Wooden Ships & Iron Men Newbies' Guide
Use the HDT
HDT = Hit Determination Table (HDT).
Looks complicated, right? It's not so bad. Start at the left-hand column (number of guns) and your range. That
shows your base hit table. Continue to the right adding or subtracting each modifier if it applies.
Whatever number you end up with is the hit table you'll be on. There's one for hull and rigging.
The game will apply the die roll it generates for you to the appropriate hit table.
There are links to it from every game. Don't assume that moving closer or farther away will help (or hurt), or
that one more gun won't matter (although sometimes they do). There are groupings for number of guns (1-3, 4-6, etc.)
and range (5-6 and 7-10). Check the HDT before deciding.
Be aware that the crew section modifier is for each crew section lost and we don't use the ammunition
or anchor modifiers. Don't forget to check crew quality.
You might have noticed the "Rake" column, which leads us to...
A rake occurs when a ship can fire at an enemy but is outside the play of the target ship's own guns.
To the right, the French ship is about to find out what a rake is (from fore and aft)
because both English ships can shoot at it, but it can't shoot back (dark blue area).
Even at a long distance, rakes can be devastating. For even
7-9 guns, the modifier is +3. Note that does not include range, so even at maximum range (10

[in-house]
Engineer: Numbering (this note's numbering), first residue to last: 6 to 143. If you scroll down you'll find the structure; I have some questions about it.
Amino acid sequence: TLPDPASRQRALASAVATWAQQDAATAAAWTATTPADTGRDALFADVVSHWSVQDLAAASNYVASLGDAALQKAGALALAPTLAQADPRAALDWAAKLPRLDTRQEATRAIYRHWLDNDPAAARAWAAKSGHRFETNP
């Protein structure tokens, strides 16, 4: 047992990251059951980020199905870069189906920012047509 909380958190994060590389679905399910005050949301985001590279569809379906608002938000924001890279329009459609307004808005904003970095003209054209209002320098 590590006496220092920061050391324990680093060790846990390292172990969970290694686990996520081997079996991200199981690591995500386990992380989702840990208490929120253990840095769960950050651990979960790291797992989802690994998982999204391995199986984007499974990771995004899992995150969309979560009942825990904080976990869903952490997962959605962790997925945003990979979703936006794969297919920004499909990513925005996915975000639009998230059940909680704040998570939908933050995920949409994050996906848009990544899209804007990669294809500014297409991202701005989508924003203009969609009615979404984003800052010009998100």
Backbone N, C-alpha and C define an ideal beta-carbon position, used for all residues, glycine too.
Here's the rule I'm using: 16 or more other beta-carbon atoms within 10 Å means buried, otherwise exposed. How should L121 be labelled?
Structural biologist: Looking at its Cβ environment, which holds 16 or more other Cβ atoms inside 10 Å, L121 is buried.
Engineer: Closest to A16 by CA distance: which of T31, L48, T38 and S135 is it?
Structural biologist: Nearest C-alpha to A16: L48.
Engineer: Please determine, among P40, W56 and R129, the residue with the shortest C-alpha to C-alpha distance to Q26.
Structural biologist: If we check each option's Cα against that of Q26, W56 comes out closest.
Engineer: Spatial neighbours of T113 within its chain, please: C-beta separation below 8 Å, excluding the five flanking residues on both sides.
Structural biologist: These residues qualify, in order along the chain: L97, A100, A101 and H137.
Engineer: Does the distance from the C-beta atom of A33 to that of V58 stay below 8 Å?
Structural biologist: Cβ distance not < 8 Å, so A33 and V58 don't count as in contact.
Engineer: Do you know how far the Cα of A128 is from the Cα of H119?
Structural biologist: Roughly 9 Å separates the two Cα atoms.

hexes), a rake scores a +3 modifier. That's the difference between losing that last rigging
square or getting away. Avoid rakes!
That said, we all eventually find ourselves in a position where a rake is unavoidable.
Since you know from the HDT that fewer guns deal less damage, if you HAVE to get raked, it only
makes sense to get raked by as few guns as possible, so...
Use the mouse-over popup box to check damage to enemy ships and your own. If one of your
ships is seriously damaged, try to move it away, or at least where it won't block your own (or where
it will block the enemy).
Other than the hull,
damage to ships degrades their capabilities. As you saw earlier, in general, a ship
with fewer guns will shoot on a lower table, so try to stay on the side of a ship with fewer guns.
Concentrate on damaged ships to make them surrender.
Each lost crew section results in a lower hit table.
Each full rigging section lost means that ship has one less hex of movement in each attitude.
If just one section is lost, that ship can never move in attitude C (other than turning). So if
you're upwind, that ship can NEVER move closer -- YOU decide when to engage at a closer range.
Knowing that a ship can't move forward, or can only move one hex instead of two, will help
you anticipate what the enemy can do.
Not all ships can turn twice, though, so pay attention to...
Large SOLs can only turn once per turn, but most ships can turn twice, which is enough to turn around
and fire an initial broadside (see The 120 below) . Note in the picture that Duc Bougogne can only
turn once ("Turn: 1") while Provence can turn twice. Again, knowing the difference can help you anticipate.
Also, an enemy in in the wrong attitude, or a ship of the line with a lost rigging section, can't turn twice
(even in Attitude A), so be aware of your enemy's capabilities and plan accordingly.
Look for opportunities to turn your own ships. It can come as quite a surprise and give new
life to a ship with many lost guns on one side.
Speaking of guns, don't overlook...
Carronades are short range guns. They only count if the target is two hexes away or less.
Check your ship and the enemy's -- if you have carronades and he doesn't, consider closing the range!
If the reverse is true, you might want to stay at least three hexes away.
Carronades are shown on the ship status box under regular guns. To the right, Adamant has
two carronades on each broadside ("Carr: 2").